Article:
With his and brilliant cinematographer Emmanuel Lubezki’s camera constantly moving, rolling, drifting, often in what seems to be one unbroken take, Cuarón’s deceptively effortless command of cinema (previously on display in such laudably disparate works as A Little Princess, Harry Potter and the Prisoner of Azkaban, Y Tu Mamá También, and what remains his true masterwork, Children of Men) assures that all this feels natural and real — and of course, terrifyingly dangerous. (And yes, this is that rare film that absolutely must be seen in 3D — it’s no gimmick, but a powerful and essential part of the cinematography.)

That masterful melding of technology and film is what gives Gravity much of its purpose. For film geeks, this is one of those films in which the sure-handed use of cinema becomes one of its points: it becomes film as meaning. There are images and moments, large and small, that remind us of the visual and emotional things only film can do: for example, a galloping herd of flaming debris charging across the sky, and a brilliant scene that toys up and down so perfectly with your hopes, it manages to leave you feeling simultaneously cheated, frustrated, and exhilarated.

The extreme, sharply rendered realism of its stark setting is what gives the film its audience-pleasing, no-doubt awards-grabbing oomph.

Still, throughout Gravity Cuarón padre e hijo drive home palpable, crowd-pleasing themes about life, death, living, and survival. While some of those messages are launched at us with an Oprah-ish lack of subtly, others come across genuinely beautiful, their bumper-sticker obviousness transmuted by the film’s unflagging strengths.

Vogue puts Sandra Bullock in the sky

The first lines of the film remind us that in space “life is impossible,” but of course that’s not its real truth: the real truth is that living life down on Earth sometimes feels impossible. The never-ending threat of gravity’s pull that gives the film its title is not Newtonian but human. Gravity is not about how to survive in the harsh depths of space, but how to want to survive, to want to live.

There are bits here and there (a mention of the Ganges River at a key moment, fingers planted in mud as life reemerges from the sea on shaky new legs) that underscore the film’s life and death metaphor. And when we watch Stone’s tears float free in zero gee, the almost-trite image does its best to remind us the only way to truly survive life’s sometimes seemingly impossible challenges is to embrace the beauty of sorrow and loss.

(Gravity is getting lazily compared to 2001: A Space Odyssey because, um, well, hey, they both take place in a stark, quiet, more realistic, scientifically depicted world of space exploration. But where Kubrick’s masterwork is about cold, cosmic inhumanity, Cuarón’s film is about nothing if not the warmth of human life.)

(And here’s a question for cine-geek debate: Is Gravity even “science fiction”? I’ll say “no”: Set in the near past, not the future, there is nothing fantastical, impossible, or even overtly speculative about the film or its use of real, existing science and technology. Strip away the dazzling space vistas and Gravity is no more unbelievable or unlikely than say The Grey or the upcoming shipwreck film All is Lost.)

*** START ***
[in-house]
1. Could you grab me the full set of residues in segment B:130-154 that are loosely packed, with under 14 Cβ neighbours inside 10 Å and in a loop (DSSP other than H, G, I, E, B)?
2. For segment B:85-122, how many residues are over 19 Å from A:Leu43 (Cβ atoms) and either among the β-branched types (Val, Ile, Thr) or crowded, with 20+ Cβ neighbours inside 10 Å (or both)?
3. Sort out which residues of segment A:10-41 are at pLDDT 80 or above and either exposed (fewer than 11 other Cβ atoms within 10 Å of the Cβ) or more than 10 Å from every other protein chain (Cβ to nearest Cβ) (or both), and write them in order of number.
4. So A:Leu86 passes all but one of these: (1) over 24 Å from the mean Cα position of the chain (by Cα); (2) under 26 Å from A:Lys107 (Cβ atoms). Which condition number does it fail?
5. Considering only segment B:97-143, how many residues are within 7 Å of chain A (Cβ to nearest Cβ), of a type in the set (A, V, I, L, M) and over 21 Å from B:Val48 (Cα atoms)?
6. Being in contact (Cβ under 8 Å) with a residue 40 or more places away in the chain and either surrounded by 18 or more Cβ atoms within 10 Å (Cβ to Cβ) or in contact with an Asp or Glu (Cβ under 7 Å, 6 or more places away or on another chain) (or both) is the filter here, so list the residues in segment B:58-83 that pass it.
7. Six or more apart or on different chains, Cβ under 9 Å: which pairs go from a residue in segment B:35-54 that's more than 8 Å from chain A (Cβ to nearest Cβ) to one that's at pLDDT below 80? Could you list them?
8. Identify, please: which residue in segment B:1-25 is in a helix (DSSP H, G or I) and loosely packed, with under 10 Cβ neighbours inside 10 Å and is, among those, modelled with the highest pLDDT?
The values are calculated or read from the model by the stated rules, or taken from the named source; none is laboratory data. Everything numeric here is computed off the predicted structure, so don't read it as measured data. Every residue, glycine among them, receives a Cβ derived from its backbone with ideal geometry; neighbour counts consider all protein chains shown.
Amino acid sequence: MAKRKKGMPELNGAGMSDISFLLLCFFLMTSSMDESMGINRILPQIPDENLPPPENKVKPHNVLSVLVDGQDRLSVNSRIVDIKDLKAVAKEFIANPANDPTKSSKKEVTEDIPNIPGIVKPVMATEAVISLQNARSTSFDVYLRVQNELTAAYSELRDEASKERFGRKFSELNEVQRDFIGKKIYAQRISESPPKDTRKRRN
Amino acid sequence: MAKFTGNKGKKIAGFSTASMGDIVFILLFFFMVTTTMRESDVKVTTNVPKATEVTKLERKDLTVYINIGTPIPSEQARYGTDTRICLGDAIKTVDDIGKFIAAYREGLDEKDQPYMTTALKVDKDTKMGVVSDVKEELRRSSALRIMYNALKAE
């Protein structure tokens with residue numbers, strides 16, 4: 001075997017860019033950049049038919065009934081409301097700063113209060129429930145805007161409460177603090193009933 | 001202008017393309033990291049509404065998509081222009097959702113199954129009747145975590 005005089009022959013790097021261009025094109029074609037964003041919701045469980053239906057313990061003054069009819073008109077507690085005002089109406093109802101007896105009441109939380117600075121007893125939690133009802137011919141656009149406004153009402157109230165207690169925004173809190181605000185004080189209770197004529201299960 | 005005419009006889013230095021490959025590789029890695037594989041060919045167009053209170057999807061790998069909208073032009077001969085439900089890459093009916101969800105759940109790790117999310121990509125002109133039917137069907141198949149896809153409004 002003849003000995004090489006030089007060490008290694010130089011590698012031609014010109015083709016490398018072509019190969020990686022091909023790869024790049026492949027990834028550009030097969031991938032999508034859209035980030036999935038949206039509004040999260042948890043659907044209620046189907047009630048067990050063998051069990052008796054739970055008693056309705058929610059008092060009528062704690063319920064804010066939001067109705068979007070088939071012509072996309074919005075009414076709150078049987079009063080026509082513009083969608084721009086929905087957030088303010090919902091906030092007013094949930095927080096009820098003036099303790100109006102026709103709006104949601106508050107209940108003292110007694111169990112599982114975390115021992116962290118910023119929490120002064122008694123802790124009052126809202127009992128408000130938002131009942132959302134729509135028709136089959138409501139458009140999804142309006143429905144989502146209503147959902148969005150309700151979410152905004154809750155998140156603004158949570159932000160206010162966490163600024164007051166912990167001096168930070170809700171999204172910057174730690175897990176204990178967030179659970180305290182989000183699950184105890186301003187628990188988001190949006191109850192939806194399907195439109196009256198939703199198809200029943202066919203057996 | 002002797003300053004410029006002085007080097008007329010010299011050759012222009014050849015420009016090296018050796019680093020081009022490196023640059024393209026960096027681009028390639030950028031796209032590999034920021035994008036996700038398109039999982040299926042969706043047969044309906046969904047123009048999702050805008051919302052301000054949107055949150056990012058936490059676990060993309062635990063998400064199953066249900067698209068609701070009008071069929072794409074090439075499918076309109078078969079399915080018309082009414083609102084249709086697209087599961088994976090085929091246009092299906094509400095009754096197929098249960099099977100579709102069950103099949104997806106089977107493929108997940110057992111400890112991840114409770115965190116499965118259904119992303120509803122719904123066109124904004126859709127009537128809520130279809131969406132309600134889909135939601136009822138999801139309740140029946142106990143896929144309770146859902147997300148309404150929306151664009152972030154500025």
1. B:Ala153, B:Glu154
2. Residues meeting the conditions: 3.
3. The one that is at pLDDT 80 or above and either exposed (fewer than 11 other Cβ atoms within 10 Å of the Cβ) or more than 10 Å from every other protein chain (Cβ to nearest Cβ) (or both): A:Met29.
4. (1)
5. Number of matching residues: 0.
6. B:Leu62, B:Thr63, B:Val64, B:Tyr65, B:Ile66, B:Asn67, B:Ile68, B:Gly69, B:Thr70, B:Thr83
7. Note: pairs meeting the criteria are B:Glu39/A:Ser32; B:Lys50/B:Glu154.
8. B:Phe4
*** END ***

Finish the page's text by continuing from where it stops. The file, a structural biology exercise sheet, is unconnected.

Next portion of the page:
Turning and tumbling through all that, balancing the technical triumphs, the visual knock-outs, the pulse-pounding thrills, the heavier messages, and his impeccable film-making prowess, Cuarón brings Gravity teasingly near to something like Art, something like, if not quite, a Masterpiece–it’s held back only by its need to conform to a handful of conventional, audience-pleasing movie tropes, a little too carefully gearing to appeal to exactly the sort of wide, mainstream audience that would probably never watch or appreciate the superior Children of Men.

Gravity is visually awe-inspiring, but part of that “awe” feels like a natural emotional response to powerful, never-before-seen visuals. Is that enough to make a work truly great for the ages once the awe wears off and you’re left with nice, powerful, but fairly boilerplate ideas about life and death?

Still, like Sam Shepard’s Chuck Yeager in The Right Stuff’s penultimate scene, Gravity gets right up there close enough to touch the tantalizing, terrifying, and yes, awesome infinite.

Click here to buy the DVD of “Gravity”.


About the author

Locke Peterseim writes the Hammer and Thump film blog at Open Letters Monthly, an online arts and literature magazine. A film critic whose work has appeared on Redbox, WGN Radio, and in the Magill’s Cinema Annual, he also serves on the board of the Chicago Film Critics Association.

These days he still enjoys films on their artistic and entertainment merits, but also finds himself as much if not more interested in them as cultural mirrors; artifacts of how we want to see ourselves — and how mainstream studios want to sell those desires back to us.

Some of his other reviews:

  1. “The Hunger Games: Catching Fire” asks if you want a Revolution.
  2. Transformers 4: the Greatest Film Ever Made About 21st Century America.
  3. 300: Rise of an Empire – The Half-Truths and Bloody Fog of Cartoon War.
  4. “Edge of Tomorrow”: Cruise, Again and Again.
  5. A new Man of Steel for 21st century America: a warrior superman.
  6. Elysium Shouts Big, Loud Messages About Health Care & Immigration Reform. Gun Control, Not so Much.
  7. “The Lone Ranger” shows Hollywood’s new paradigm, since films were too deep for us.
  8. Hollywood transforms “The Hobbit” into The Desolation of Tolkien.
  9. Fury: the big screen display of America’s love of war, & inability to understand it.
  10. Interstellar’s Quantum Love and Other Cosmic Horses#*t.

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1 thought on ““Gravity” teaches us not how to survive in space, but to want to survive.”